- The surgery must be done within a certain time period in the pregnancy — between 19-28 weeks.
- The baby must not have a genetic problem or any other major birth defect.
- The mother must be pregnant with only one baby.
- The mother must not have any one of a number of health conditions.
While prenatal surgery offers potential benefits, it also carries risks for both the mother and the baby, including an increased likelihood of premature labor. The specialists at the Fetal Concerns Center will help you decide whether prenatal surgery is the right option for you and your baby.
How does in-utero CPAM surgery affect my baby?
If the tumor is large, it can compress the heart and limit the heart’s ability to function properly. Removing most or all of the tumor allows the heart to work normally and potentially resolves the hydrops, allowing your baby’s body to continue developing in the womb as long as possible.
How does open fetal surgery for CPAM affect the pregnancy?
To decrease the risk of preterm delivery, you will need to remain on modified bed rest after the surgery. You will be closely monitored for the rest of your pregnancy, and you will need to deliver your baby via a scheduled Cesarean section at 37 weeks, unless you go into labor earlier, at the Froedtert & the Medical College of Wisconsin Birth Center.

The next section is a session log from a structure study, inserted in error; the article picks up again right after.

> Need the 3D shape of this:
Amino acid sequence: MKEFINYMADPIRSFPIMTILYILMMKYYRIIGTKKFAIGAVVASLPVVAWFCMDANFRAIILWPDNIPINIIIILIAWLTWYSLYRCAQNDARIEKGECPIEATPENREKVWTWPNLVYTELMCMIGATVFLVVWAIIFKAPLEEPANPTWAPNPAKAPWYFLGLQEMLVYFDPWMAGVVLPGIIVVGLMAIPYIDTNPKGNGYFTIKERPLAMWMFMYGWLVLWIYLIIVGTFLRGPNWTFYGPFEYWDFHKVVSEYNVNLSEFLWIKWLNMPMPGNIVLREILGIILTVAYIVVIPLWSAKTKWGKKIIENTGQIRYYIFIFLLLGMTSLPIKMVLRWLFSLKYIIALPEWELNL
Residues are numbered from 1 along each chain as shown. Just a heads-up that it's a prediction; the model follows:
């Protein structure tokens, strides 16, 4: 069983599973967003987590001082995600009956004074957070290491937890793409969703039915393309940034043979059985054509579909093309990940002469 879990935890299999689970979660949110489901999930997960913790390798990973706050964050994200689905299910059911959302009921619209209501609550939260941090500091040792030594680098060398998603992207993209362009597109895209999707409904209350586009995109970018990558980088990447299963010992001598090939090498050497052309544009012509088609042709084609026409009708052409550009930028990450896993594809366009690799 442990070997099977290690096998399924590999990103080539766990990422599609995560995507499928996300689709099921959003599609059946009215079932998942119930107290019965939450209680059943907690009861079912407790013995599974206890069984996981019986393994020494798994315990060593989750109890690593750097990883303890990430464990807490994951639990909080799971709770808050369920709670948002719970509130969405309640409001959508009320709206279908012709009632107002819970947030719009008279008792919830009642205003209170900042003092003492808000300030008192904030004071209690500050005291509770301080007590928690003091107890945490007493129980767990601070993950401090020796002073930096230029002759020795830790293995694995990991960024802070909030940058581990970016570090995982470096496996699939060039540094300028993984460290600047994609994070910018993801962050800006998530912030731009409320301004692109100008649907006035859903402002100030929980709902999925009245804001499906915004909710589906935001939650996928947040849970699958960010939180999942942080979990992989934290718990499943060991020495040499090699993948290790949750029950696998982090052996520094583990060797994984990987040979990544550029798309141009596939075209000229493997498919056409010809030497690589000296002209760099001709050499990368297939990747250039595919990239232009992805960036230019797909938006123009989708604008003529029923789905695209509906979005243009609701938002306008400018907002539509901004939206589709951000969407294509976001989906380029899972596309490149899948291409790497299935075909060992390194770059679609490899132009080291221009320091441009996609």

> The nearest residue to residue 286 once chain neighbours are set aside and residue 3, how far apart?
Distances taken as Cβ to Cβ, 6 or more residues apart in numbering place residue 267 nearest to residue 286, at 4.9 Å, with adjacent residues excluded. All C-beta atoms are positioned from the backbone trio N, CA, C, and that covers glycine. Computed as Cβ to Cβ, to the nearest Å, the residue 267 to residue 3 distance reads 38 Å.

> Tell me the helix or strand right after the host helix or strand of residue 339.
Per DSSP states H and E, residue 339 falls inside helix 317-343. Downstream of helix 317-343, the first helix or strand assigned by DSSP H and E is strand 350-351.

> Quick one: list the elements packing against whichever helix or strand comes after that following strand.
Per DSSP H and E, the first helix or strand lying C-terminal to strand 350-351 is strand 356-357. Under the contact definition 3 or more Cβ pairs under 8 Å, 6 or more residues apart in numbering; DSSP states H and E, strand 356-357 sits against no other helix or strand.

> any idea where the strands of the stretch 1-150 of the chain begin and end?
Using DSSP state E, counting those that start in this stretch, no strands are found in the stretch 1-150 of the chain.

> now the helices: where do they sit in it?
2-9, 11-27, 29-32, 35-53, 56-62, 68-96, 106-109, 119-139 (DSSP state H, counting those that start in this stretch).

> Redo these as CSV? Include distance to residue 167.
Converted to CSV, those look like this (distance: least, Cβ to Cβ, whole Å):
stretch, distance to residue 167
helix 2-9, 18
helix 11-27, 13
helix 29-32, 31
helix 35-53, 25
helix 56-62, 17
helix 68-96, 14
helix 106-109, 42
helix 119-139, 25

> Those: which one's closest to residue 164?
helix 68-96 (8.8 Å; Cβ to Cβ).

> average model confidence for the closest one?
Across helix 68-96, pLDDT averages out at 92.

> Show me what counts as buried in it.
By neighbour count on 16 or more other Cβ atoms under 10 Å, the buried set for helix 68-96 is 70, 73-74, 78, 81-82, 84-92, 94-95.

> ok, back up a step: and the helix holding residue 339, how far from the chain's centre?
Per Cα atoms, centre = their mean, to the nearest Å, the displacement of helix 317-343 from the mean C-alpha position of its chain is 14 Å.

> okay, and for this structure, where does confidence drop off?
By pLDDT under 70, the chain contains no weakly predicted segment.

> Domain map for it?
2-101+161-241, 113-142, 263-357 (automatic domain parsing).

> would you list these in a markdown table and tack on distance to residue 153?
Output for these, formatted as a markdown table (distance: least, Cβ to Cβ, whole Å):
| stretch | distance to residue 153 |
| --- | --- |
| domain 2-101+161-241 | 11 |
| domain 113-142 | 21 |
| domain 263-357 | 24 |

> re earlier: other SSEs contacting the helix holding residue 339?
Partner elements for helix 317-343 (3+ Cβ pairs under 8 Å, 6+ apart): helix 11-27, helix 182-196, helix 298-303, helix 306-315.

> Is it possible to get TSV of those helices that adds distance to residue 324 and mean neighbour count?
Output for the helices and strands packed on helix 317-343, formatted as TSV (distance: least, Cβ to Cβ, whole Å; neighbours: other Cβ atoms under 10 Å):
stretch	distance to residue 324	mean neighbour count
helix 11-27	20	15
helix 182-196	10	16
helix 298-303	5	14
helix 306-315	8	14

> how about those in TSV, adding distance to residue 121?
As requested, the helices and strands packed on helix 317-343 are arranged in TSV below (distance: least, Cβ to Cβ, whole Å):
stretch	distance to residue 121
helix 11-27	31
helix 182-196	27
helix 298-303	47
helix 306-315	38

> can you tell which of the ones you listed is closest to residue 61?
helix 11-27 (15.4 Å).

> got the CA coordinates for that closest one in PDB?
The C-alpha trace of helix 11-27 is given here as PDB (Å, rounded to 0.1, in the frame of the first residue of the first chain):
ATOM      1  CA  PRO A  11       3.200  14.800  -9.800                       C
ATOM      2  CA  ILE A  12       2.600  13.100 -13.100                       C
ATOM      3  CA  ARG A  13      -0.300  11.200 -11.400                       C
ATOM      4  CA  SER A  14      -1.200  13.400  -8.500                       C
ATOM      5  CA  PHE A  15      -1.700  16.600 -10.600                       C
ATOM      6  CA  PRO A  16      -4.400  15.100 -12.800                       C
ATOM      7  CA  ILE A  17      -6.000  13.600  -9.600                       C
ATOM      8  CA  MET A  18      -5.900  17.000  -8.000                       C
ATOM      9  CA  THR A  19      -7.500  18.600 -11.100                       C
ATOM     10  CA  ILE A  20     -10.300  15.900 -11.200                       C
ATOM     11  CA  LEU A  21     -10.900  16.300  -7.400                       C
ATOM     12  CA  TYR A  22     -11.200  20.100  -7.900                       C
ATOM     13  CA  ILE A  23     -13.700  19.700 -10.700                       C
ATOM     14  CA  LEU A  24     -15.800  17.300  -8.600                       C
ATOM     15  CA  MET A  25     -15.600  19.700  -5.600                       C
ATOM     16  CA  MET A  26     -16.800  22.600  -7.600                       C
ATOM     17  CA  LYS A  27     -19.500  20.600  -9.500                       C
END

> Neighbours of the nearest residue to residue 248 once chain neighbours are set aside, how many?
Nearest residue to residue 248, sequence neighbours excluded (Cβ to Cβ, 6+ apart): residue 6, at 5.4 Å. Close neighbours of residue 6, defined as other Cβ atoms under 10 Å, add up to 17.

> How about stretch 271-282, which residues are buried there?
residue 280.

What happens after surgery?
You will remain in the hospital for 4-5 days after the prenatal surgery.
What about after birth?
Your baby will receive top-notch care in Children’s Wisconsin’s Level IV Neonatal Intensive Care Unit, which is ranked as one of the best in the nation.
Will I be able to help care for my baby?
Absolutely. Our recently expanded and redesigned NICU was created to promote family bonding, with private rooms where parents can stay with their baby 24/7, and other special features for families’ comfort. Our on-call lactation specialists can help you successfully breastfeed and pump and store breast milk when direct breastfeeding isn’t an option.
When can my baby go home?
Your baby will be discharged from the hospital once he or she is breathing independently, eating well and gaining weight. That may take several weeks.
What’s my baby’s long-term prognosis?
Survival rates for babies with hydrops who undergo open fetal surgery for CPAM are about 50 percent. Babies who survive until birth have very good outcomes. After the mass is removed, children usually have normal lung function eventually.
What about future pregnancies?Because the surgical scar on your uterus puts you at increased risk of uterine rupture during childbirth, you will need to wait two years between pregnancies and deliver all future babies via planned Cesarean section no later than 37 weeks.
Open fetal surgery for congenital pulmonary airway malformation (CPAM)
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For additional information on the Fetal Concerns Center at Children's Wisconsin, please call:
(414) 337- 4776
Fax: (414) 337-1884
Note: These phone numbers should not be used for urgent medical concerns. Please contact your physician directly if your situation requires immediate attention, or dial 911 if it is an emergency.